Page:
National treasure John Waters turns 70 today, and the iconic filmmaker has altering the state of pop culture since he was a teenager in Baltimore.
With his militia of weirdo mercenaries, including DIVINE, Patty Hearst, Traci Lords, Ricki Lake, and even Kathleen Fucking Turner, Waters has taken accepted norms in film, and trampled it while shriek-laughing with a pointy but sensible heel that he found in a dumpster.
...being of the first celebrities to grace our cover, in 1990...
...and then again in 1994, promoting my personal favorite movie of his, SERIAL MOM.
A highlight from that interview in 1990, with PAPER founder Kim Hastreiter.
Kim Hastreiter: You pick a variety of people [to be in your films]: old, young, pretty, homely.
John Waters: They're definitely all beautiful to me. It's all kinds of beauty. To me, nobody's ugly.
From the 1994 interview, conducted by Ann Magnum.
On America's aversion to surrealism, and how it's hindered his work:
Unfortunately, I learned in my career that they do. It doesn't work. They don't like camp because they don't think anything so bad is good. They don't even have good yet. They're like, "What's that mean? That's not real. Life isn't like that. That's stupid." Camp's over. I don't hear anybody say that word. Maybe older gentlemen in an antique shop talking about a Betty Grable calendar -- that's camp. Or a Tiffany shade is camp.
Water shared a glorious anecdote about traveling to New York from Baltimore on a shitty bus in the 60s:
I was angry and alienated. I used to make my way to New York all the time. I pierced my ear at 16 on the Trailways bush. With just a needle -- blood was pouring out, and people were like "Eeeek!" and moving away from me. And I wore the earring one day. It got septic and turned green, and then I took it out and never wore an earring again. That was in 1963.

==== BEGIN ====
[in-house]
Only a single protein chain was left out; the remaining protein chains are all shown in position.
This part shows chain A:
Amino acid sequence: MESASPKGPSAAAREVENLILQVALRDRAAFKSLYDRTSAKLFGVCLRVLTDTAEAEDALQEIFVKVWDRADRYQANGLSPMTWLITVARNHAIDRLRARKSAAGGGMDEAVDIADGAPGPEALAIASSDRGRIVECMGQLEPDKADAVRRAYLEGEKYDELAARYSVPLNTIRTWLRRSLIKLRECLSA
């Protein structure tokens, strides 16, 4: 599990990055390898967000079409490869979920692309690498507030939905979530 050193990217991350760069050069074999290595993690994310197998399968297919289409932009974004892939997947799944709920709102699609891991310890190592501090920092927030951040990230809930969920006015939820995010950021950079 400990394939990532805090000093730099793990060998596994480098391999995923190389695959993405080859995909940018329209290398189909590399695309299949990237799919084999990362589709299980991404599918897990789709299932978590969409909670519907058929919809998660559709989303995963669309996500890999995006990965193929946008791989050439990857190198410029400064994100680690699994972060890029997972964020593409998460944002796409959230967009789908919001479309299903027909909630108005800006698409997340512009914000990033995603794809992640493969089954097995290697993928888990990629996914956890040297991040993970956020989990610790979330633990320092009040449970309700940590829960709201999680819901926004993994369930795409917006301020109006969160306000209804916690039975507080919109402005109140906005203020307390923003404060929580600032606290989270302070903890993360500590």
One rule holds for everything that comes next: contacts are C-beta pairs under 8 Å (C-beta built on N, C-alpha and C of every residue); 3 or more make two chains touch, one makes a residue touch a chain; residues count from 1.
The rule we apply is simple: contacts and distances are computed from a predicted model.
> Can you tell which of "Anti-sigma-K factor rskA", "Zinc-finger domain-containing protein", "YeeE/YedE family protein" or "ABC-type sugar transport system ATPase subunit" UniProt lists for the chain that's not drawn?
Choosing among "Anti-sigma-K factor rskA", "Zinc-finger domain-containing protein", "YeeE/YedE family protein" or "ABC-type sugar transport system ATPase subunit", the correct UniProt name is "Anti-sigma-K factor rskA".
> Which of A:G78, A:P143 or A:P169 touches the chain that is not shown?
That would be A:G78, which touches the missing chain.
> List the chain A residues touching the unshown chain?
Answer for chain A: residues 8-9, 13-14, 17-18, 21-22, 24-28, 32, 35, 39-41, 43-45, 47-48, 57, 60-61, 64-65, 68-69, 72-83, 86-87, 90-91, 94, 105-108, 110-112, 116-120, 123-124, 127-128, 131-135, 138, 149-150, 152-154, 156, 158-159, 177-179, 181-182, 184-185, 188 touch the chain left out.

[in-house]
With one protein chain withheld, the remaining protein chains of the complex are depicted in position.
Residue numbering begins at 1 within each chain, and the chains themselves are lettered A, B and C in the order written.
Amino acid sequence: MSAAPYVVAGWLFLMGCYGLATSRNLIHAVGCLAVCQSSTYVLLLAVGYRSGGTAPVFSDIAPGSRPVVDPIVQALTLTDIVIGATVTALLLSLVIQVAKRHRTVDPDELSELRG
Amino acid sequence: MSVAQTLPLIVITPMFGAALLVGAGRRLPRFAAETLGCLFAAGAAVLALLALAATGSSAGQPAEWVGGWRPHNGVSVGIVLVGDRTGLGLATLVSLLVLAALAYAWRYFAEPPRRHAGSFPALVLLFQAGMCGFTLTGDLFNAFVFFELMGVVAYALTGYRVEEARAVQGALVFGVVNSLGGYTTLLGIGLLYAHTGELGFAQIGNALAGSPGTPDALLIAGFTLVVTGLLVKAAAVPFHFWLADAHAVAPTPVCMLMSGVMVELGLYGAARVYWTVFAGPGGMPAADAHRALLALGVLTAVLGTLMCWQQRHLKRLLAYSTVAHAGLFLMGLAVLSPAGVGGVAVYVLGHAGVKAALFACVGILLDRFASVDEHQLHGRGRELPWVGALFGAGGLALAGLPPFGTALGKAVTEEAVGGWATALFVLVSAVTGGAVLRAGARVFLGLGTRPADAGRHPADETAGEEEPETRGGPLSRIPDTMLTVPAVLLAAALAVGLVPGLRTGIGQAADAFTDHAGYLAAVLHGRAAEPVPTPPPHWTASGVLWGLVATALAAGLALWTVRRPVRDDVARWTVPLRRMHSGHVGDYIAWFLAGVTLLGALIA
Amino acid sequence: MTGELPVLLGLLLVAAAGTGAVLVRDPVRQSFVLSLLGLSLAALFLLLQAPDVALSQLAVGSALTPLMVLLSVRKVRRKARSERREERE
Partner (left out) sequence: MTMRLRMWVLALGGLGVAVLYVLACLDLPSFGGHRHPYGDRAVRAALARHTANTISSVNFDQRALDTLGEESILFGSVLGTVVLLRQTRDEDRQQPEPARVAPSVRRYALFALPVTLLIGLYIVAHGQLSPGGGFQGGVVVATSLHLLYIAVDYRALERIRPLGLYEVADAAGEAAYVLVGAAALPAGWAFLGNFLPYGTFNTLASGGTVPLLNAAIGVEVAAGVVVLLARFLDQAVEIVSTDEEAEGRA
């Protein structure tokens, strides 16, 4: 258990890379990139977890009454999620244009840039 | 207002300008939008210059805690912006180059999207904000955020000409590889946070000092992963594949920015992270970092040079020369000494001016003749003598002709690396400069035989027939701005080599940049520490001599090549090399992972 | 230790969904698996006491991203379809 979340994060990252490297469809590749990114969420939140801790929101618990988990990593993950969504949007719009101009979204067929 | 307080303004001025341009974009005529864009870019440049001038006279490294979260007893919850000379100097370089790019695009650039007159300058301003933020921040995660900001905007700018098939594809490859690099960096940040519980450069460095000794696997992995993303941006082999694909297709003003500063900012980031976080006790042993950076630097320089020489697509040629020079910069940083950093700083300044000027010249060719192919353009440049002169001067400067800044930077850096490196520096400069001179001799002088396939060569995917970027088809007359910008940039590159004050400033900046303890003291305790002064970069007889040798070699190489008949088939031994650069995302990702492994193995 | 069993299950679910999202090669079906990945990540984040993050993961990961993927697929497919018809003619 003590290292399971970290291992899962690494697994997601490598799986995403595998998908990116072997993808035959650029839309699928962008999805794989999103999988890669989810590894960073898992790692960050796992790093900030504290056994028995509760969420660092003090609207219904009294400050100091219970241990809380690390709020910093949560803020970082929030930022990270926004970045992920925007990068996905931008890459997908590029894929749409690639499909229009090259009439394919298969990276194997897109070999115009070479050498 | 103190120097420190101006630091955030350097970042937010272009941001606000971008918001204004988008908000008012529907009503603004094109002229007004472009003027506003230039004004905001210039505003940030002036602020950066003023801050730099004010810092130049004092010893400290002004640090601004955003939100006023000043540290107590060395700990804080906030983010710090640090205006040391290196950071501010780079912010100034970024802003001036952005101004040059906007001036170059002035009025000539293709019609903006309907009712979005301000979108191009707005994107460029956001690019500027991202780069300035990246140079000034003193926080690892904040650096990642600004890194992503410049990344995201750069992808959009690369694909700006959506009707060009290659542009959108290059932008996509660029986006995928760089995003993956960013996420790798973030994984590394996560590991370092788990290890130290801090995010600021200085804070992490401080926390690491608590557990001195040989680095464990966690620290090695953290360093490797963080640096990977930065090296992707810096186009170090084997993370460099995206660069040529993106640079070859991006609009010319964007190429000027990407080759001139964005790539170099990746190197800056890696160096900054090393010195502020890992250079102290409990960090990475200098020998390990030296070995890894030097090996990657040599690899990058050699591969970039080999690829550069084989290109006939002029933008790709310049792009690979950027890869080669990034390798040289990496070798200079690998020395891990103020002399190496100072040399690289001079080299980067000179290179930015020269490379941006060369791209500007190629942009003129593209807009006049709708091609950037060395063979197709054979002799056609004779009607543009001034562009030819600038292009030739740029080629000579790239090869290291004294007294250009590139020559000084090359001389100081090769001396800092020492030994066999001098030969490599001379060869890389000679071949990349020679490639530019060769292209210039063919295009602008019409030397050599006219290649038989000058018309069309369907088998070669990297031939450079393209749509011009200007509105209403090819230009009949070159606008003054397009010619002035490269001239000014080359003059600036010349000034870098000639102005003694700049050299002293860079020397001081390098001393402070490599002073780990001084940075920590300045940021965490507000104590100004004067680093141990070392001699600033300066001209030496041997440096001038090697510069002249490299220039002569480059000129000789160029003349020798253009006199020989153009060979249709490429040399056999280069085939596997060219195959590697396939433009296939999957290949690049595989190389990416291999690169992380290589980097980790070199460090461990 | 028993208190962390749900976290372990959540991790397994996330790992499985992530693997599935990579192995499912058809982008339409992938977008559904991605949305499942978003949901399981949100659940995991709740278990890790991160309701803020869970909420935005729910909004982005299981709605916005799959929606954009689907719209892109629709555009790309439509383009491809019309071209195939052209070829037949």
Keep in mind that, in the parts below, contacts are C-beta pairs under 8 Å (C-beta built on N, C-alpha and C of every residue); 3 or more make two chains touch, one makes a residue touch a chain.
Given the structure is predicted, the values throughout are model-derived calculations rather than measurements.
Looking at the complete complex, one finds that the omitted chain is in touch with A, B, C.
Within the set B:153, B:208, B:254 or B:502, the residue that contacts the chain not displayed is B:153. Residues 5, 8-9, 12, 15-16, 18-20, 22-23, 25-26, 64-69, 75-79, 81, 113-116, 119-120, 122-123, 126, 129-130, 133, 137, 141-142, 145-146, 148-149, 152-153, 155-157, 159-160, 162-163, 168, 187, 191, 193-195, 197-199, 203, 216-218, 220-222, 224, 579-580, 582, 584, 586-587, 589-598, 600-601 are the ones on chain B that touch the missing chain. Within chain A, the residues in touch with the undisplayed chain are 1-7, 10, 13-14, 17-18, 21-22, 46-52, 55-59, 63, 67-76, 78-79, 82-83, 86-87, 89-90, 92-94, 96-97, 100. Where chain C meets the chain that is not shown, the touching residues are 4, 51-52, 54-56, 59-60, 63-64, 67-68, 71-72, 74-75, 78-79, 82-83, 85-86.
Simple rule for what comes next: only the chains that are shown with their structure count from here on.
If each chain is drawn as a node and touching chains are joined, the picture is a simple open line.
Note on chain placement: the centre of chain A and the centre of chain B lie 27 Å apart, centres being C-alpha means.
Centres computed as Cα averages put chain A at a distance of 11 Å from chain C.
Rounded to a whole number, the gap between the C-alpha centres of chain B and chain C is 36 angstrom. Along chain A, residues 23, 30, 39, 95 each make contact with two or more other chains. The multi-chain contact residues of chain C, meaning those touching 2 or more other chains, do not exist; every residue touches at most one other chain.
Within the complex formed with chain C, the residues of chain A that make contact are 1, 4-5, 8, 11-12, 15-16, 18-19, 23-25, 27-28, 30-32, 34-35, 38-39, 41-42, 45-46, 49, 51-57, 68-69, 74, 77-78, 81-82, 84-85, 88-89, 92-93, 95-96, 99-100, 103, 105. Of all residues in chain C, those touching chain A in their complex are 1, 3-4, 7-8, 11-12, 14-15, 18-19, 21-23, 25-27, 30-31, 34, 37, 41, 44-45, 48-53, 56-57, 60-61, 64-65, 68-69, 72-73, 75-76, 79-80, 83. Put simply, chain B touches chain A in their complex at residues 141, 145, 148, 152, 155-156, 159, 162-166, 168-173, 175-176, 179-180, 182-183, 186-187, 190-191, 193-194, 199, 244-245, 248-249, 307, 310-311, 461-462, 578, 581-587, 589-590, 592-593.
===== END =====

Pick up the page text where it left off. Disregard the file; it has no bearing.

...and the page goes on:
I wanted to be a beatnik. I would go right to Greenwich Village, and think "God! It's like
Life magazine. There they are, what I want to be!" And I looked like the most white-bread suburban Baltimore boy, which I was.
A poignant, and extremely self-referential moment for Waters came last year, during his incredible commencement address at Rhode Island School of Design.
Waters made fun of himself, citing his polarizing career, and connected with the students, demonstrating his peerless understanding of the now--regardless of his age.
Most importantly, Waters touched on his enduring faith in younger generations; a faith in constructive rebellion and moving against the norm, the timeless power of subversion, something he's made a career of.
"Go out in the world and fuck it up beautifully," he closed with. "Horrify us with new ideas, outrage outdated critics, use technology for transgression--not lazy social living. Make
me nervous...it's time to cause trouble, but this time in the real world, this time, from the inside."
Happy birthday, Mr. Waters. Thank you for fucking up our world, time and time again, you beautiful, terrifying garbage king.
Let's leave it off with this iconic scene in Serial Mom.